Sexism and the Stranglers

By mid 1977 punk really was setting the woods on fire. It wasn’t just people liking punk it was also people hating punk, it was something that no one was ambivalent about, there was a lot of anger around coming from all directions.

And as John Lydon would tell you, anger is an energy, and energy was one thing everybody needed. Punk was forcing almost everyone to up their game.

One band that benefited hugely from the energy of punk were The Stranglers. They were a rock band but they were aggressive and played short punchy songs. Everything about them visually suggested they should be playing country rock in a pub in Kentish Town, only bass player who sported the decidedly unpunk name Jean Jacques Burnel looked contemporary. The drummer was well on his way to 40 and had a beard, the keyboard (keyboard!) player had longish hair and a moustache, they had, at least dispensed with flared jeans.

The band was indeed a complete mismatch, formed by Guildford businessman Jet Black in 1974, the band was a chance for Mr Black to move away from business and back into playing the drums after a ten year break. He was joined, on guitar and vocals by Londoner Hugh Cornwell who had actually played bass in the early 60’s with guitarist Richard Thompson and future music journalist Allan Jones. On bass was classical guitarist JJ Burnel and a later arrival was Dave Greenfield a jobbing keyboard player.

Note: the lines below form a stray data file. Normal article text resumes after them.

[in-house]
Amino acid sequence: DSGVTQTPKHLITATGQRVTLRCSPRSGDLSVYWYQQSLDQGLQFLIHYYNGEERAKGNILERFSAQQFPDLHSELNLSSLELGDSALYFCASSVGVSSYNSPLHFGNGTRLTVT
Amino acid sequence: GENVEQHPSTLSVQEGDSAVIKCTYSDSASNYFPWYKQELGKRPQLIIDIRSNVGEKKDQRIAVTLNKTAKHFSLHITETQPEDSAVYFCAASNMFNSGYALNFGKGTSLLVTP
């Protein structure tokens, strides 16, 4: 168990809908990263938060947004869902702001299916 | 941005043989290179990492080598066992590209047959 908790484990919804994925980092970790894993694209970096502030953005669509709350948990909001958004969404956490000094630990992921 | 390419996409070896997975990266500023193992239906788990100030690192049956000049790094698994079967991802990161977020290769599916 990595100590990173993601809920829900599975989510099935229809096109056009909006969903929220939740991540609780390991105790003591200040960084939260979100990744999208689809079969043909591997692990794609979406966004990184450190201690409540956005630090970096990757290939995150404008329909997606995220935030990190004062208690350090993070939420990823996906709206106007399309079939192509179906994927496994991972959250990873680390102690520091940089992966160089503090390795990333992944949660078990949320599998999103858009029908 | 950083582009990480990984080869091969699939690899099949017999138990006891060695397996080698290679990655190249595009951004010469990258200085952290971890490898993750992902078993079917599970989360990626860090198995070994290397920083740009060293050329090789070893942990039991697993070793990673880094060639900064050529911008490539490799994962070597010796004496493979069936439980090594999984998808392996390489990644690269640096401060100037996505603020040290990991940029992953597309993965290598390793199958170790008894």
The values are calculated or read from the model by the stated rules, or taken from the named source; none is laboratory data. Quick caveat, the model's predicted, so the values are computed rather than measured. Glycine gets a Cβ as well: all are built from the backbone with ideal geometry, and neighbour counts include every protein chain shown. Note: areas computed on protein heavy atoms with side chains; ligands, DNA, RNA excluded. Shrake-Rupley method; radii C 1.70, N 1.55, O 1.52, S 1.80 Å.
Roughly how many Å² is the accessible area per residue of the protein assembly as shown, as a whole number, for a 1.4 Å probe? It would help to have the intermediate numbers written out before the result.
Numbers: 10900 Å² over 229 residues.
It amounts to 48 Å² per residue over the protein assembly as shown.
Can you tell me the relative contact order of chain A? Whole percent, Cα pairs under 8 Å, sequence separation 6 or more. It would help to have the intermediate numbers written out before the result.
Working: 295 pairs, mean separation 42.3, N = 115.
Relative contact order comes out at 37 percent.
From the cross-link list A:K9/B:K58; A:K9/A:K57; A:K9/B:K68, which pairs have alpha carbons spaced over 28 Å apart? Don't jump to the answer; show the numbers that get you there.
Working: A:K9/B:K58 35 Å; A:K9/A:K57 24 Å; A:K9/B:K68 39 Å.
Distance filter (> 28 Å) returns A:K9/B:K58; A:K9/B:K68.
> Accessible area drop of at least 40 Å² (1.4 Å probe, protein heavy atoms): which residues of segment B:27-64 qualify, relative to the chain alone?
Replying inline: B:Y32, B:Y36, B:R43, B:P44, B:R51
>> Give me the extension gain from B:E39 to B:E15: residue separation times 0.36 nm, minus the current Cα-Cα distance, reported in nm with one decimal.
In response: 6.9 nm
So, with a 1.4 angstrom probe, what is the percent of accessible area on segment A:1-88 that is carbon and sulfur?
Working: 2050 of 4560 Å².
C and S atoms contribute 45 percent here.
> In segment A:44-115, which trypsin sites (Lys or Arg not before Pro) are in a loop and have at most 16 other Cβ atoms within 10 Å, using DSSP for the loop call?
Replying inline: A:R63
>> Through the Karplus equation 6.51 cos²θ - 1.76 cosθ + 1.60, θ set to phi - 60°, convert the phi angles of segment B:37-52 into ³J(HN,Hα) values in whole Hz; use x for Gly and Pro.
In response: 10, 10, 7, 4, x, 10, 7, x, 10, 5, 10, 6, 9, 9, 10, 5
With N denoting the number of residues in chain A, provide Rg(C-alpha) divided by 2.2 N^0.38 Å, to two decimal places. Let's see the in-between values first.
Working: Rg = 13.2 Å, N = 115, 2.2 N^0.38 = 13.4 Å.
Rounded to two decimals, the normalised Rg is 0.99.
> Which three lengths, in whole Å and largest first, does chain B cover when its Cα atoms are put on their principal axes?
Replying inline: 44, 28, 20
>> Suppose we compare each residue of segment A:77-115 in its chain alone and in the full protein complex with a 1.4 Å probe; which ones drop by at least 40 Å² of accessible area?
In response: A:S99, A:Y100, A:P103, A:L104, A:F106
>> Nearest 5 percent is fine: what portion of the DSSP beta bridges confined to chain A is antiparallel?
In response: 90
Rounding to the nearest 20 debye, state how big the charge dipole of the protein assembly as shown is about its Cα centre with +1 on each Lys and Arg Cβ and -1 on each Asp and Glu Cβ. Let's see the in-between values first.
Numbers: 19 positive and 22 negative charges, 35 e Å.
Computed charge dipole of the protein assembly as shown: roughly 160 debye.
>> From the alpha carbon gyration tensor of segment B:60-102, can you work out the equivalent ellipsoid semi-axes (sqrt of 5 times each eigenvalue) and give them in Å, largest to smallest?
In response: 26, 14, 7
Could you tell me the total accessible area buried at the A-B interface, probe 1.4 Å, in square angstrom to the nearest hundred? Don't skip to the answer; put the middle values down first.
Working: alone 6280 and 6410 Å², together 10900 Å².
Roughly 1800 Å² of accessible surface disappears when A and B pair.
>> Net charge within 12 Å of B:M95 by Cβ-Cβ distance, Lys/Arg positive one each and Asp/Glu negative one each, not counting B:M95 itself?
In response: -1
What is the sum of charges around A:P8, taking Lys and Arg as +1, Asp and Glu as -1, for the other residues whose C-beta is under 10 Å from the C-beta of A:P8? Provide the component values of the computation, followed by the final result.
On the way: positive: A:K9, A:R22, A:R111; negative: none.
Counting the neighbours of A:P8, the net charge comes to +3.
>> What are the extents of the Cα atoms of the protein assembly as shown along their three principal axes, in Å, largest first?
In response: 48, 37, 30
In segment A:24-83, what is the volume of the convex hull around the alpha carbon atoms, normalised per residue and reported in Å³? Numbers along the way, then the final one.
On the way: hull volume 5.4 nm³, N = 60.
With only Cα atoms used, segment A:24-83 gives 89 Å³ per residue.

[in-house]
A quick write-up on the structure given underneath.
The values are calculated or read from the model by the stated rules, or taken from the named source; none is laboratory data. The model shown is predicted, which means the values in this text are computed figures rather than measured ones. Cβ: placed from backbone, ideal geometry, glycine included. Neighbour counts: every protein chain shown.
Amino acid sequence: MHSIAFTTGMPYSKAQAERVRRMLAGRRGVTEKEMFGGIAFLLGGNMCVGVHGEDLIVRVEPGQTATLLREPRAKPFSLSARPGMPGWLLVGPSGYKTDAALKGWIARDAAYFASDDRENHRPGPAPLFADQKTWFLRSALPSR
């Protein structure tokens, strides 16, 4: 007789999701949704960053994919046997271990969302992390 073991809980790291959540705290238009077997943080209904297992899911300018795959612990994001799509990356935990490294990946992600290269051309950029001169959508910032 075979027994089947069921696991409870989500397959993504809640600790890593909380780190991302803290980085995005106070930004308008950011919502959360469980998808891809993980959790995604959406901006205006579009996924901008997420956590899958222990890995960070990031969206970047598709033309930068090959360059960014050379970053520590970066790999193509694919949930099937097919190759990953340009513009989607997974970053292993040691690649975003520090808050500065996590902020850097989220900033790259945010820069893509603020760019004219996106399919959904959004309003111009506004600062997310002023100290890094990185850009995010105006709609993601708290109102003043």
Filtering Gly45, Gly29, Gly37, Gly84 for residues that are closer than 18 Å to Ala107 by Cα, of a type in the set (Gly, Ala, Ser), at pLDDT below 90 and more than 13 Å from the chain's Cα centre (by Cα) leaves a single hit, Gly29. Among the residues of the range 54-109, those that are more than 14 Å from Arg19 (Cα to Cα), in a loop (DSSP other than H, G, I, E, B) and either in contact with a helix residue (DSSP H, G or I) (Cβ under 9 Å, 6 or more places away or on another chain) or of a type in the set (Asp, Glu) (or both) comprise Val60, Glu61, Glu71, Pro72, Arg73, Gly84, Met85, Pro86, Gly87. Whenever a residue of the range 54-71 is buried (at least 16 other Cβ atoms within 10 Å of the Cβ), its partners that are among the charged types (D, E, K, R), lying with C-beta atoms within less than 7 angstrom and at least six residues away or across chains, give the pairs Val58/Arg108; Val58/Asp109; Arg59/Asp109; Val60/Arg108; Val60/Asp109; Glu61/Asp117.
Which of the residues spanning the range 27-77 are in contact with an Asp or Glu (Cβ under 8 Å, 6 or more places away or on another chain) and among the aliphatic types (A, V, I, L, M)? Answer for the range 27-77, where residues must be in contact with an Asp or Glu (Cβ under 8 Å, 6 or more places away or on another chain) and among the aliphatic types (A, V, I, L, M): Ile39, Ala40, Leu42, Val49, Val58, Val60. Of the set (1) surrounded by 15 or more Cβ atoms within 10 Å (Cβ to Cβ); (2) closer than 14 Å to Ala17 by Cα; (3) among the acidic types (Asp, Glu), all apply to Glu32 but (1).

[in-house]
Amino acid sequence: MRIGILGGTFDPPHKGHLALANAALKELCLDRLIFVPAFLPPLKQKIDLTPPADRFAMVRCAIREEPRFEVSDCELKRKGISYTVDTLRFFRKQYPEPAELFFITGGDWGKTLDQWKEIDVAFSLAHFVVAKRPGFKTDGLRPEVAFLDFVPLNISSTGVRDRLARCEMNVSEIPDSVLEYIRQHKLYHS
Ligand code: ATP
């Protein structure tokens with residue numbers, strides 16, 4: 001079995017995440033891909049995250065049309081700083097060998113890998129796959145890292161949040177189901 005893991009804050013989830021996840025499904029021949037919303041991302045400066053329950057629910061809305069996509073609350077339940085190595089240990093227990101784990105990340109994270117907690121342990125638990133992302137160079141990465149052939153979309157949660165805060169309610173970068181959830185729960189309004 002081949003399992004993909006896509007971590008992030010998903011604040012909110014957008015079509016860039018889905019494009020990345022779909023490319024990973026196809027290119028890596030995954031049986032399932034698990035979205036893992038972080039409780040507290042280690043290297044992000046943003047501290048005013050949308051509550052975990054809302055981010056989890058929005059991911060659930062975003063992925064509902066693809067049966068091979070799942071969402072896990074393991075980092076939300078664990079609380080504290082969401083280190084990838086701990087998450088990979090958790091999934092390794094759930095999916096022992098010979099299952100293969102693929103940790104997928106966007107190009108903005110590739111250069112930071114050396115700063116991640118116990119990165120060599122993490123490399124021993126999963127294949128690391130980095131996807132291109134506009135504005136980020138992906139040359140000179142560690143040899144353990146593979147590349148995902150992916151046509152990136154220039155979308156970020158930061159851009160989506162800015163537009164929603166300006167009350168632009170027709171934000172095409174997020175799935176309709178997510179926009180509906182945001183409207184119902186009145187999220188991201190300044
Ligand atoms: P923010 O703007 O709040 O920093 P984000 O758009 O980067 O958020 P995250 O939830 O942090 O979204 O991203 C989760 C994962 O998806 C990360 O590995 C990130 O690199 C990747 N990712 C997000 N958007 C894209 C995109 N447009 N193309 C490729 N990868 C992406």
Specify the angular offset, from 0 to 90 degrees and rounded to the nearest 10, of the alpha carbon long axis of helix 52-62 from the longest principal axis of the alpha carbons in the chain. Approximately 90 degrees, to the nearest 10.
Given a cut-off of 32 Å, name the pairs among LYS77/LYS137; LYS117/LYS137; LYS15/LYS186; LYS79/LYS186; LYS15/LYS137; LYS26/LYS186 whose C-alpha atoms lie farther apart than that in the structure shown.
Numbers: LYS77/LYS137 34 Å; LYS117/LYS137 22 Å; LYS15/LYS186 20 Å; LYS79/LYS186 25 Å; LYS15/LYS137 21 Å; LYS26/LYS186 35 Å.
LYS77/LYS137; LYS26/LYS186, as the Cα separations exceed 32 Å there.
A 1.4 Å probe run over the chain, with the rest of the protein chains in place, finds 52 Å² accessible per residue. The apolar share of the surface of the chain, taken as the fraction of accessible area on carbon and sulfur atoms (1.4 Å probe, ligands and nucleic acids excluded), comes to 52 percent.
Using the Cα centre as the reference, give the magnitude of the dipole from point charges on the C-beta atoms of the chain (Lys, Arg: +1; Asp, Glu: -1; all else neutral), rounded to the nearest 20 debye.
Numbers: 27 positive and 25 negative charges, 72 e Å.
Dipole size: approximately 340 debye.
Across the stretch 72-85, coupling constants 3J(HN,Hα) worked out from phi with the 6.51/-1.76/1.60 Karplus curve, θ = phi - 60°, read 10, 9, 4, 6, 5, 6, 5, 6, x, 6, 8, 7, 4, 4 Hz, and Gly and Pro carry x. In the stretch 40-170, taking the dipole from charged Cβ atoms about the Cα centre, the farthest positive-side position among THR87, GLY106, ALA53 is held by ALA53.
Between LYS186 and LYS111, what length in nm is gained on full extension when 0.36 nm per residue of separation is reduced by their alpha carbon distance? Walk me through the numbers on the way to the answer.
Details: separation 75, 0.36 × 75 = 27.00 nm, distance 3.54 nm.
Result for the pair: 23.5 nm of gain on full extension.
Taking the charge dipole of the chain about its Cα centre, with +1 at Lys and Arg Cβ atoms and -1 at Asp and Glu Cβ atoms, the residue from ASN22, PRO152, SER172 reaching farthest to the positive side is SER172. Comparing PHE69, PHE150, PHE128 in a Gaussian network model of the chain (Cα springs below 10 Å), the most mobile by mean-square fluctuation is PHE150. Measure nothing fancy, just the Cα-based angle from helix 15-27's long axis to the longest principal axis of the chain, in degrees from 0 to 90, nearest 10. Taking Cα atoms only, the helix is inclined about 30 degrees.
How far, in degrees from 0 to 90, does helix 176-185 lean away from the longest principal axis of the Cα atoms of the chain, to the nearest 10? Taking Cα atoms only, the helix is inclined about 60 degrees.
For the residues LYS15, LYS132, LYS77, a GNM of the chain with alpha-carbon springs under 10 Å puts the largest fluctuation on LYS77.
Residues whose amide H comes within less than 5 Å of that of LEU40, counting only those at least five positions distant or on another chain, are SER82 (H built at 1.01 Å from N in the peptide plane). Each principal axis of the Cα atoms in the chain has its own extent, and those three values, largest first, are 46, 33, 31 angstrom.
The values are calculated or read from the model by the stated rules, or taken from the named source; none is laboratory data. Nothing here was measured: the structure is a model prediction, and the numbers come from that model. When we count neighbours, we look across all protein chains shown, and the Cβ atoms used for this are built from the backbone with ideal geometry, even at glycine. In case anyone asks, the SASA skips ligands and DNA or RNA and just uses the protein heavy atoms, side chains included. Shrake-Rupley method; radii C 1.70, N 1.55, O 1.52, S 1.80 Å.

Cornwell could write decent songs, Burnell was on his way to becoming a decent bass player but what marked him out was the tone and aggression of his playing. In the punk world where the bass player was there to make up the numbers and had probably only picked up the instrument a month a go, JJ really stood out. He was a major influence on many fledgling bassists. The thing that really set the band apart was the use of keyboards notably the Hofner Cembalet. for those of you who care about these things. There were a lot of comparisons with the Doors which were inevitable as Greenfield essentially soloed over everything just like Ray Manzererak did.

Being proper musicians the band were ready and waiting when punk was still crawling out of the primal swamp, they secured support gigs with the Ramones and Patti Smith, they played everywhere.

And so, The Stranglers became a punk band for people who didn’t like punk. To be fair that’s not what they set out to do, its likely they would have been a successful band whatever happened, there is no doubt that the band benefited hugely from punk. In interviews they came across as having a particularly ungrateful moan about media conspiracies against them but in reality the punks were having the smoothest career pace of anyone ever since the days of Tommy Steele, record companies were desperate for anyone they could market as punk and the band were soon signed and released their first record ‘Rattus Norvegicus’.

I had heard the band on the radio, their first single ‘(Get a)Grip (On Yourself)’ didn’t really convince me but the b side ‘Go Buddy Go’ was more my cup of tea and easy enough for me to play on guitar.